The state's Medicaid department is already in the process of applying for a waiver to add work requirements, which was part of the budget passed previous year. Some states received federal waivers to test new ideas on how to administer the program.
In its guidance issued Thursday, CMS said it would support state requests to require adult Medicaid beneficiaries to work or engage in skills training, education, job search, caregiving or volunteer service. This would exclude individuals eligible for Medicaid due to a disability, elderly beneficiaries, children, and pregnant women.
In those states that receive a waiver for the work requirements, those now working will be required to provide documentation that they are working, and those who are not will be required to prove that they should be exempted.
Homeless people, former foster children and American Indians are among individuals who would be exempt from Arizona's proposed Medicaid work requirements, the state's application says.
Kentucky is expected to be the first state to get permission, but IN also expects its waiver request to be approved IN the coming days. Demonstrations, which give states additional flexibility to design and improve their programs, are also created to evaluate state-specific policy approaches and better serve Medicaid populations.
"Eligible people could end up losing coverage because the right documentation does not get sent to the right place", said MaryBeth Musumeci, associate director of Kaiser's Program on Medicaid and the Uninsured.
"Medicaid was designed as a health care program, to provide vulnerable members of our society with access to care they badly need", Ende wrote.
The guidance represents a fundamental and much-disputed recalibration of the compact between the government and poor Americans for whom Medicaid coverage provides a crucial pathway to health care.
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"Most people on Medicaid are working and there's no evidence that penalizing the small number on Medicaid that can't work, taking away their healthcare, somehow improves economic activity or does anything except making things worse by taking away healthcare", she told NM Political Report.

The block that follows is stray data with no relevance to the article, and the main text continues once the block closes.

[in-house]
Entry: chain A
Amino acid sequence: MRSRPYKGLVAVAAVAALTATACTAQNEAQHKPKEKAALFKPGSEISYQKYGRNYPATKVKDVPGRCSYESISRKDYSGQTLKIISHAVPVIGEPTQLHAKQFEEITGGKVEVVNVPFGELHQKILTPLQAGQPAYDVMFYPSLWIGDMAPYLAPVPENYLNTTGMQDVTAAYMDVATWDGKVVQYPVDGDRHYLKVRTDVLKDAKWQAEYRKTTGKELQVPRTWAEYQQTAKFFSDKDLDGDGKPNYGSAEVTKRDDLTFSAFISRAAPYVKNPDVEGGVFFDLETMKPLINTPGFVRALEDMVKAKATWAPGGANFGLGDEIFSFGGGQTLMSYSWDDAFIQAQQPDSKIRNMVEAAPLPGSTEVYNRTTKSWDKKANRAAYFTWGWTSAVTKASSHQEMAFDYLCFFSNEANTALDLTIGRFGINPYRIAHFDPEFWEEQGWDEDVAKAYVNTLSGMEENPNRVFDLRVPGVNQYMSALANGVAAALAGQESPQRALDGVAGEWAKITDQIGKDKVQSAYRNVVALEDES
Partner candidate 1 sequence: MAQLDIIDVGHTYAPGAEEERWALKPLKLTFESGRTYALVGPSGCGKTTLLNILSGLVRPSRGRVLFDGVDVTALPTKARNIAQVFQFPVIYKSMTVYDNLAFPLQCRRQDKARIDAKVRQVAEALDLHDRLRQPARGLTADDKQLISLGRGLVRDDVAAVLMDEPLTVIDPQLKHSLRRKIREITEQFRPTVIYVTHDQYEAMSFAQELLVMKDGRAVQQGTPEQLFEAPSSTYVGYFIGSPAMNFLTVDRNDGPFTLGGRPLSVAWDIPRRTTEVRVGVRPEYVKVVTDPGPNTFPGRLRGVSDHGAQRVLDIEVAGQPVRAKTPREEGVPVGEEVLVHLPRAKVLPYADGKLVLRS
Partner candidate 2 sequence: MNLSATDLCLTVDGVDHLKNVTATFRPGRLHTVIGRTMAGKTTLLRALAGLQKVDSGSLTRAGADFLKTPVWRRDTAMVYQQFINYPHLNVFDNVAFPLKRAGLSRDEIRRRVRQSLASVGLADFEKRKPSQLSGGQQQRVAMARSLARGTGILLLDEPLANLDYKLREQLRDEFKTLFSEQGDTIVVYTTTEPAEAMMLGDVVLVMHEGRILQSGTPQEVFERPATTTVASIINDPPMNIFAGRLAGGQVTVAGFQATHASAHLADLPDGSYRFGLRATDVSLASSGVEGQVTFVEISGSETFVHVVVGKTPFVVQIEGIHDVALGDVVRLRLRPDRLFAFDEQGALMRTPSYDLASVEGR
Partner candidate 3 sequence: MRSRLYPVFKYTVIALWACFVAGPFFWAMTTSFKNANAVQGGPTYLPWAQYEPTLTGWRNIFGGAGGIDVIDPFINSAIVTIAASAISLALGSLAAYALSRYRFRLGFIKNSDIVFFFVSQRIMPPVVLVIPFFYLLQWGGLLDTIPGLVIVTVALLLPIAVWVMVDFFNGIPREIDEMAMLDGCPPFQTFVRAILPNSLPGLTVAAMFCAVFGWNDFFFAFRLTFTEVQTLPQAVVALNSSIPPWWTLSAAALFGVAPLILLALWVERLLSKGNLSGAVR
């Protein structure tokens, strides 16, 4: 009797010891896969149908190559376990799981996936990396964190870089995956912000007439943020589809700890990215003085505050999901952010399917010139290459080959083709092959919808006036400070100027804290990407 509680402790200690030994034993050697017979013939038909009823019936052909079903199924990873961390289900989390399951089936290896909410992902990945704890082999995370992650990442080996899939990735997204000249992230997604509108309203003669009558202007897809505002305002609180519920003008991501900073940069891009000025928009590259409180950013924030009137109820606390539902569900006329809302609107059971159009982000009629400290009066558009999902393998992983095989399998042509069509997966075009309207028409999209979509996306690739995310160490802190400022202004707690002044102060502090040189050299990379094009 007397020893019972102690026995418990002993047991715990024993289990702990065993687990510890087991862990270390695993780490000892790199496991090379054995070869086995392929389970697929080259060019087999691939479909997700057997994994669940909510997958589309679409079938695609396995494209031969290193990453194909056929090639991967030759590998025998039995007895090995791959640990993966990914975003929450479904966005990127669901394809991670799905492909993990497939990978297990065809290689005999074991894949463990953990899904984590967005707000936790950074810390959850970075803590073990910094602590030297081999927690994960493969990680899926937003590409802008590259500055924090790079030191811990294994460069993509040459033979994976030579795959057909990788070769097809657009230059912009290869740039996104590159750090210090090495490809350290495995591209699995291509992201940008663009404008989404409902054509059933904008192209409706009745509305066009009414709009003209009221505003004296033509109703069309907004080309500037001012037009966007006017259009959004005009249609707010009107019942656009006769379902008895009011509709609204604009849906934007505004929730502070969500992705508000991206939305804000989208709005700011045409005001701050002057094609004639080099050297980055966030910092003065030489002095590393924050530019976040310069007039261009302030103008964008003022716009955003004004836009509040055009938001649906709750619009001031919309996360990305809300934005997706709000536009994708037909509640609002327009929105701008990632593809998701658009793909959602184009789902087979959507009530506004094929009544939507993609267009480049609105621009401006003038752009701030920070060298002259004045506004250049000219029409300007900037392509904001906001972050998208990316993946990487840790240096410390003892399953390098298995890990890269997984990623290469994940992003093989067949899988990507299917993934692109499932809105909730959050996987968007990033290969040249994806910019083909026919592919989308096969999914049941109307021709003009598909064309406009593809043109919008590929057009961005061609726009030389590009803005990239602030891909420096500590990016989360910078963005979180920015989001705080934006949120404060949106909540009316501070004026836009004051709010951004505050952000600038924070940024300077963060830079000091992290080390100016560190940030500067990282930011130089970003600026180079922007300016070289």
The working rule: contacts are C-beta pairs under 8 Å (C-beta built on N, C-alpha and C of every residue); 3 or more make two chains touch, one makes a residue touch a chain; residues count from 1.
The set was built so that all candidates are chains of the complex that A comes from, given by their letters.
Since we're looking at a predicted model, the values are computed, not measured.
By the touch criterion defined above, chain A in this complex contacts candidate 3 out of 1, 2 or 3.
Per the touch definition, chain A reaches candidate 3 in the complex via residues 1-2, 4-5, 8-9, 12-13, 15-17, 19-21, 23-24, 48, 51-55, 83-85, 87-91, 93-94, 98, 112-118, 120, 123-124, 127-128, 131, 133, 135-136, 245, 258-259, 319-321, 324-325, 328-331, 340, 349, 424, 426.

Verma, who served as a Medicaid consultant for IN and Kentucky before joining the Trump administration, has long advocated for work requirements.
The Centers for Medicare and Medicaid (CMS) administrator, Seema Verma, said on Twitter the new effort will "improve Medicaid enrollees health outcomes by incentivizing community engagement".
"There's absolutely nothing that requires the exemption of people with addiction", Rosenbaum said.
Those who don't comply would be suspended from receiving health care benefits until they meet their required hours for a month.
"My only hope is that the chaos caused by this policy and the desperation of the Kentucky families who will soon lose their only access to health coverage will force Gov. Bevin to demonstrate some level of compassion and reverse this disgraceful policy", Yarmuth said. The state has one of the highest rates of overdose deaths in the country, and its Medicaid spending on prescriptions for opioid use disorders jumped 326 percent from 2011 to 2016, to $64 million. "It will actually help this population reap the rewards of a good job, and one day receive health care coverage from their employer, not the state or federal government". Patty Murray, D-Washington, the ranking Democrat on the Senate health committee, said it "speaks volumes" about President Trump's priorities that CMS would pursue a policy she said would "pull the rug out from people who simply want affordable health care they can rely on". But states will be given a loose rein on what satisfies the work requirement. "Conservatives who favor work requirements see Medicaid coverage as another form of government welfare benefit, like cash assistance, requiring reciprocal obligations from beneficiaries, and a disincentive to work". That represents about 15 million people.
Ten states, all of which have Republican governors, recently applied for waivers to impose work requirements. Additionally, the guidance details that states can not accrue savings from loss in enrollment due to work requirements, which means that states will need to pay for any work requirement administrative burden, such as determining if an individual is working, developing an enrollee reporting system and employment supportive services, etc.